“E lē uma le alofa, Love never faileth”
1919 – 2019
Excerpt from Saunoa Sila,”E Tautala Aso: History of Piula Theological College 1868 – 2018″ (Methodist Printing Press: Matafele, 2018)
REQUEST FOR A CHURCH FOR PIULA: 1911.
At the Big Gathering held at Gaga’emalae 9-11 November 1911 and attended by: Missionary
Neil (Superintendent: Chairperson), Folau Taoa (secretary), ministers and members of the
various levels in the hierarchy of the Methodist ministry, Rev. Churchward sought the
approval of the meeting to build a church for Piula. The request was approved and as
Superintendent Rev. Neil had the skills in architecture and building, it was decided that he
would build the Piula church at a site above the Fatumea pool.
The plans for the church and its construction were the work of the missionary Rev. Neil while he was superintendent of the District of Samoa for a period of twelve years. It was one of the many occasions which highlighted his dedicated and resourceful leadership of the work in Samoa. When Rev. Neil was stationed in Savai’i, he helped calm the fears of the people of Saleaula during the volcanic eruption. He sought financial assistance for development work of the church without asking for help from the Mission Board in Sydney, Australia.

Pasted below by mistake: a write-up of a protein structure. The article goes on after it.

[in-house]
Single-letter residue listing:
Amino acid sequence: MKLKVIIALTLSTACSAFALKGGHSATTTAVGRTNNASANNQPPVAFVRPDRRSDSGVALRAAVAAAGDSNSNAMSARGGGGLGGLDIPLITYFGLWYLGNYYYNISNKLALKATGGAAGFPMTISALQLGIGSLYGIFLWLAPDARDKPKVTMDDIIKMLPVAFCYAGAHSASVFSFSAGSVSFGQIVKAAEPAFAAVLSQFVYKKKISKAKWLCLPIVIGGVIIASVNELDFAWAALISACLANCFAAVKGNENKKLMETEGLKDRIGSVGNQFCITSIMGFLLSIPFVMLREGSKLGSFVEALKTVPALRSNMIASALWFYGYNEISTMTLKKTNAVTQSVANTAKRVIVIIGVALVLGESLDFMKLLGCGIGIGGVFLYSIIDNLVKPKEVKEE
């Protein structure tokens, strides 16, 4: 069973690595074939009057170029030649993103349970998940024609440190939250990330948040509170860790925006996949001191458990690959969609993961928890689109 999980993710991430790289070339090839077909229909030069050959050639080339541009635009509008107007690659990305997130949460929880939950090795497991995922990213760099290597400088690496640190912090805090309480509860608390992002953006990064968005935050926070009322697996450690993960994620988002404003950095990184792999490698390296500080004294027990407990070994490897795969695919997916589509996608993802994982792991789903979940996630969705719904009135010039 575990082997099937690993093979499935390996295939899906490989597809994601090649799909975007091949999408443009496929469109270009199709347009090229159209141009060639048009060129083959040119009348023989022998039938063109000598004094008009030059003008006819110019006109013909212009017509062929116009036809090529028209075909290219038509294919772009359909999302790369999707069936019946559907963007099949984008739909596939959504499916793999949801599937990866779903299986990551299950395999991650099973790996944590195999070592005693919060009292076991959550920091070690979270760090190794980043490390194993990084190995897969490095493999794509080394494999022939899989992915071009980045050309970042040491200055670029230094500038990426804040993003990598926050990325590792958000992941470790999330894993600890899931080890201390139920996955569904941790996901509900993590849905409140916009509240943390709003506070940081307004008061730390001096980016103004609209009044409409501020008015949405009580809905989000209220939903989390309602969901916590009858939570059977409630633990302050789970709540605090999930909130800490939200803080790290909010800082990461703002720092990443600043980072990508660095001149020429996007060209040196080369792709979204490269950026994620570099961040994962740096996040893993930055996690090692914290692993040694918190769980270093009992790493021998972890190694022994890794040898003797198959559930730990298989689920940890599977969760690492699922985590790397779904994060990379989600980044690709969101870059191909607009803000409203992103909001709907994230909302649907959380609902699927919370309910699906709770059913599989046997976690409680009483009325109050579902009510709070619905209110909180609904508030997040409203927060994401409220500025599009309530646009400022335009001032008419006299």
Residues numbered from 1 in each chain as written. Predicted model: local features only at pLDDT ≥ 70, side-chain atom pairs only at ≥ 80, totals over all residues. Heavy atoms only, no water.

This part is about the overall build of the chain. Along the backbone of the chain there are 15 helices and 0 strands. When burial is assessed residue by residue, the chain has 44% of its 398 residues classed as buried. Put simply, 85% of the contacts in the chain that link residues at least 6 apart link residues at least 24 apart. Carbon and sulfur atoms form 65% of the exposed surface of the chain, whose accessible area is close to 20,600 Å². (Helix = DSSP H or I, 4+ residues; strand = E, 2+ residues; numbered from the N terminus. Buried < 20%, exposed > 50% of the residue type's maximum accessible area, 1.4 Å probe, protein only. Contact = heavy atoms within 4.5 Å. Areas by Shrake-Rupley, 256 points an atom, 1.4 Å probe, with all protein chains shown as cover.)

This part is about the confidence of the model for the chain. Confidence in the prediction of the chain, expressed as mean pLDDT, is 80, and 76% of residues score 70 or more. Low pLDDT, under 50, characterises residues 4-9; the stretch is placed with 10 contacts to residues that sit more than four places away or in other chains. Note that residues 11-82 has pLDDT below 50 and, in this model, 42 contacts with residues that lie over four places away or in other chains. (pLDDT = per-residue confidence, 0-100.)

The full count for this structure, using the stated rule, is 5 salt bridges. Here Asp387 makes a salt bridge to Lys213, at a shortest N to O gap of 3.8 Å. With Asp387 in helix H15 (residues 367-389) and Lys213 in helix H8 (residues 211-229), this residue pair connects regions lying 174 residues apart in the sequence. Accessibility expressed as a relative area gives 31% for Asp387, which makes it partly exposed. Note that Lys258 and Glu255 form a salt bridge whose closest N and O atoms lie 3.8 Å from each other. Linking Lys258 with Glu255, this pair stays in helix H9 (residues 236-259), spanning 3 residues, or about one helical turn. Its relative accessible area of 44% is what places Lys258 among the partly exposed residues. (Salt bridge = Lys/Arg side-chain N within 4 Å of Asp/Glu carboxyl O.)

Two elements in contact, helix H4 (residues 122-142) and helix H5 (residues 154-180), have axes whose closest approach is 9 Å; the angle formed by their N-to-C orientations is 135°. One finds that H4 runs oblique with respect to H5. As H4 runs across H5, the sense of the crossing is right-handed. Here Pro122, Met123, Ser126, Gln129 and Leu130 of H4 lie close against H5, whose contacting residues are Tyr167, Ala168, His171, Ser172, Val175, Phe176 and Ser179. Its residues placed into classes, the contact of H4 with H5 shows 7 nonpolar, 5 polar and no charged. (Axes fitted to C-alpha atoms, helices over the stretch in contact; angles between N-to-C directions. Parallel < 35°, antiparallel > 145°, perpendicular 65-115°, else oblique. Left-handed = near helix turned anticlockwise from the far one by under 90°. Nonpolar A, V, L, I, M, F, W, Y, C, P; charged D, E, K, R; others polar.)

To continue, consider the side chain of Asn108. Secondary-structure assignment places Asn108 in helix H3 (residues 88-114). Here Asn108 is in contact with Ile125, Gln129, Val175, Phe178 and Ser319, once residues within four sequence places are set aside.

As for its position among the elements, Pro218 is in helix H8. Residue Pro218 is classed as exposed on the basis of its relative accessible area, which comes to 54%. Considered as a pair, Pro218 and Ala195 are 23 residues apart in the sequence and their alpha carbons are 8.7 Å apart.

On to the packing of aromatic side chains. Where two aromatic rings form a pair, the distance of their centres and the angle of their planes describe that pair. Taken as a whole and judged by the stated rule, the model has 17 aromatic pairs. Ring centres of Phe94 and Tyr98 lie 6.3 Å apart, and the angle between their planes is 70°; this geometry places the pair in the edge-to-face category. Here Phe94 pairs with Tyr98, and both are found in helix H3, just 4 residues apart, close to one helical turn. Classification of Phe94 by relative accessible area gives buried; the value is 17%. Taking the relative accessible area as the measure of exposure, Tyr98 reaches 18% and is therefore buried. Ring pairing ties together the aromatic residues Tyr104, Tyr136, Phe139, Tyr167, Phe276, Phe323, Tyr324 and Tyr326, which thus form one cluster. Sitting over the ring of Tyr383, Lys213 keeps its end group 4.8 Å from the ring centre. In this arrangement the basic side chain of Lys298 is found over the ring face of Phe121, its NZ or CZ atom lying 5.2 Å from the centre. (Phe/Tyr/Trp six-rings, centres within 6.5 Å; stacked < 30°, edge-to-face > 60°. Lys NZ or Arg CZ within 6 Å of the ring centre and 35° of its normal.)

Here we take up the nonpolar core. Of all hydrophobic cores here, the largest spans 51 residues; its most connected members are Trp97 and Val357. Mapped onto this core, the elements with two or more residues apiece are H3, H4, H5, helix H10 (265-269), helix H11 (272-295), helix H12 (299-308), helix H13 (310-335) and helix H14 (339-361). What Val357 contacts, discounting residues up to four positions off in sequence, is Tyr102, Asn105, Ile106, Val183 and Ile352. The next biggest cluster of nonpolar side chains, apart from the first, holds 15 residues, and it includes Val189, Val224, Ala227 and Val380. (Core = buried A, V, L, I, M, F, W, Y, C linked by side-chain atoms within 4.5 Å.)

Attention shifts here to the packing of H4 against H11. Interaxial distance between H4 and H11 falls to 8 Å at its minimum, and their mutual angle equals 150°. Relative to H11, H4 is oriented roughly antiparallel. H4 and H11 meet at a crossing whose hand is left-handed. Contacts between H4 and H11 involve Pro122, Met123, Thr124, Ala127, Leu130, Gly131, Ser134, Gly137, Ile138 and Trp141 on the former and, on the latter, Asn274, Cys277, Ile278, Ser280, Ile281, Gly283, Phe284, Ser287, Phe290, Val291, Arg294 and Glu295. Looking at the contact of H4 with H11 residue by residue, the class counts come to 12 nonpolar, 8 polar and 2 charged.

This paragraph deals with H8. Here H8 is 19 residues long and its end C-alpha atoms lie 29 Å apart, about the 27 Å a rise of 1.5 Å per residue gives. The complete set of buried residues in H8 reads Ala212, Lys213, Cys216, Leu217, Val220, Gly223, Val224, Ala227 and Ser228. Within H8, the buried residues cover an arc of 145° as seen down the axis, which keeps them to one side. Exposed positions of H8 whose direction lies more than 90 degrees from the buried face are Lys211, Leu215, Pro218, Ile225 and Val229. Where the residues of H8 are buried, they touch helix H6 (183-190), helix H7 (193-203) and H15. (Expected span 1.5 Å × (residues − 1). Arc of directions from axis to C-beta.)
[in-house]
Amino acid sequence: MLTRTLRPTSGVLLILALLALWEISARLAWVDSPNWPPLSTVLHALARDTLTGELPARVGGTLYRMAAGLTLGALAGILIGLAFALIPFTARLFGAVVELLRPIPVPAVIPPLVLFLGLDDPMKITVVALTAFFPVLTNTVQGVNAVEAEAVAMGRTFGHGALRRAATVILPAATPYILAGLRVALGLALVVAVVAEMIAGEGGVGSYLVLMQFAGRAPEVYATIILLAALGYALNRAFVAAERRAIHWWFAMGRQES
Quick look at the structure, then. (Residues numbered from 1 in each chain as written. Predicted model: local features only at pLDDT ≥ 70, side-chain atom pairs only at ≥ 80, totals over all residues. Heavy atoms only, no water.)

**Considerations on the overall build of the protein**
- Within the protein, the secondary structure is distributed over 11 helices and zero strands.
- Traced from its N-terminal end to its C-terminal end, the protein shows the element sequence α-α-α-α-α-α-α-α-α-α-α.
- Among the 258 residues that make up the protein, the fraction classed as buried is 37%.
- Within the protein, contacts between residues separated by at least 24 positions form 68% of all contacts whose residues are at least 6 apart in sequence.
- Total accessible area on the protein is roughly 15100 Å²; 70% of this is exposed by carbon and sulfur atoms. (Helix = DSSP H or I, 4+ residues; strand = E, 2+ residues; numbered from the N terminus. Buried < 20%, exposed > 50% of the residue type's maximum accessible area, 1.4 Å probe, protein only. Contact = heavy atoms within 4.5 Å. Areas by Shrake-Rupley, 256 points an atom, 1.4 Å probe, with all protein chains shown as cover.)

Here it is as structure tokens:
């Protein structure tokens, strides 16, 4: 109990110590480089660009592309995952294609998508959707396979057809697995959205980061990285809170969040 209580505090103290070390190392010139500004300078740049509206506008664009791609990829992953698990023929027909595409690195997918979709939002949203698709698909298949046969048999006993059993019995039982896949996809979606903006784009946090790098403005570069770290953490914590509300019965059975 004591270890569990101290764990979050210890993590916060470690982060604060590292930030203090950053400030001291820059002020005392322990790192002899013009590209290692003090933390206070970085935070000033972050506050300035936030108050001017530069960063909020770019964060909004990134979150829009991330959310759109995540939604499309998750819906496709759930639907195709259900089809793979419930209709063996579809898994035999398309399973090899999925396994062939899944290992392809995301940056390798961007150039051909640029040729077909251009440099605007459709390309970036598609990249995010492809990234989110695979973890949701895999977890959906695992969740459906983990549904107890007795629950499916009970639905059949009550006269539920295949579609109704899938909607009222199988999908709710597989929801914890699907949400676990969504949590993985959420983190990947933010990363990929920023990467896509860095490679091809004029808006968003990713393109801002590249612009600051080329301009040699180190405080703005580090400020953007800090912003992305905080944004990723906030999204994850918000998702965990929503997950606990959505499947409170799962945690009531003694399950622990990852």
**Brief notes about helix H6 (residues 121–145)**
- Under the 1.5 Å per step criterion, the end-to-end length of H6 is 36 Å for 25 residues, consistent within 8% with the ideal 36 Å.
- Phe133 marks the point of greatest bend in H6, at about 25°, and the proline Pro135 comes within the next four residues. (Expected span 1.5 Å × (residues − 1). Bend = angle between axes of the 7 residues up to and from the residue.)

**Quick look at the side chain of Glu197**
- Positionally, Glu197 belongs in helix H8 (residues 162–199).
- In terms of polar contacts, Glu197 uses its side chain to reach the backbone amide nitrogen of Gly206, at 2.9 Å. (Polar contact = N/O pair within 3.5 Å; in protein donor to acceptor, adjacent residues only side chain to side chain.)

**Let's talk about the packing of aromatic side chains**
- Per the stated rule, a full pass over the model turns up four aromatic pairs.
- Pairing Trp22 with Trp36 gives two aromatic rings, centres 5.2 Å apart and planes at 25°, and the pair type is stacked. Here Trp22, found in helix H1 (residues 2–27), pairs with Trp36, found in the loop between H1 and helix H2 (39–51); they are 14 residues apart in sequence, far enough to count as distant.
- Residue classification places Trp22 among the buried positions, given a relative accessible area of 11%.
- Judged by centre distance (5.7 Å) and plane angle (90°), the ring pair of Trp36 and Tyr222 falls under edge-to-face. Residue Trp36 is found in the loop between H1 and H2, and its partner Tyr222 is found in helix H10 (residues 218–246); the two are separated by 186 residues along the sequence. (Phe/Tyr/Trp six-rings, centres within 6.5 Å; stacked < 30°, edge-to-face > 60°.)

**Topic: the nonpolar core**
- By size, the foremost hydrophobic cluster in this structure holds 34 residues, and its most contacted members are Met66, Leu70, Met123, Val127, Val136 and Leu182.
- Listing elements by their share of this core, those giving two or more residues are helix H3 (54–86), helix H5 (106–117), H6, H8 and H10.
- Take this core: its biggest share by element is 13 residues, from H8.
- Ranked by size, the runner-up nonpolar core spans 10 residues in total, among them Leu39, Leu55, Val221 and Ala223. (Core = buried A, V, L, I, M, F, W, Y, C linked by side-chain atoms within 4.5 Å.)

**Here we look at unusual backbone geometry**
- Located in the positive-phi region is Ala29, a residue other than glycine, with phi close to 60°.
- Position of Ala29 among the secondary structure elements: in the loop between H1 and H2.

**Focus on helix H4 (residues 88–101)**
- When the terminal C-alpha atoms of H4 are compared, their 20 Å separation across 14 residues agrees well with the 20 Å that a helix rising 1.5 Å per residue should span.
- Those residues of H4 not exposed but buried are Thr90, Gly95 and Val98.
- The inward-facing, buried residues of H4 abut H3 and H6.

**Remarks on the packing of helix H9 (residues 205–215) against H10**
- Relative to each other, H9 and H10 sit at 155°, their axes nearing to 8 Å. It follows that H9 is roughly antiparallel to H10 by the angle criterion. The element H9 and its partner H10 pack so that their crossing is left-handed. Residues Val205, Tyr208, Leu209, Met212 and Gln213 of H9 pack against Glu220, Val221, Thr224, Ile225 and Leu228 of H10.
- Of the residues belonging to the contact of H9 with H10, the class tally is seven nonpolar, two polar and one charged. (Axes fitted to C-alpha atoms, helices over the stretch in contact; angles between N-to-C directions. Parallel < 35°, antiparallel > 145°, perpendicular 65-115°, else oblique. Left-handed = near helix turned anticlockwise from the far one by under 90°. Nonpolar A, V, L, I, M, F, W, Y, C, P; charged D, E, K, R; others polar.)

Carpenters from the carpentry school in Satupa’itea, 30 students from the Century High School and 40 from Piula, worked together with the teachers and the Church on building the church. Work was carried out during daylight hours and classes were held at night. Many of the students ended up not attending classes as they were exhausted from the physical work of the day. The Church provided considerable support. The strong men made the ovens for the preparation of concrete for the building and the women prepared the food for the workers. The concrete was made from coral lime and stones and was also used to decorate the ceiling. The different patterns are made from the wild banana (laufao).
Construction of the church took approximately seven years (1912-1919). The lengthy period
was due to the difficulty in obtaining building materials and the delays in receiving the contributions from the missionaries, teachers and the Church. The church building was about 60 ft in length and 33 ft in width. It included a place for worship and four classrooms. The reason for this structure was the belief that in order to thoroughly prepare students for the work of the Lord and ministry, there must be a very close relationship between the theology of worship and the life of the student being rooted in faith in the Lord our God.
“Love Never Faileth”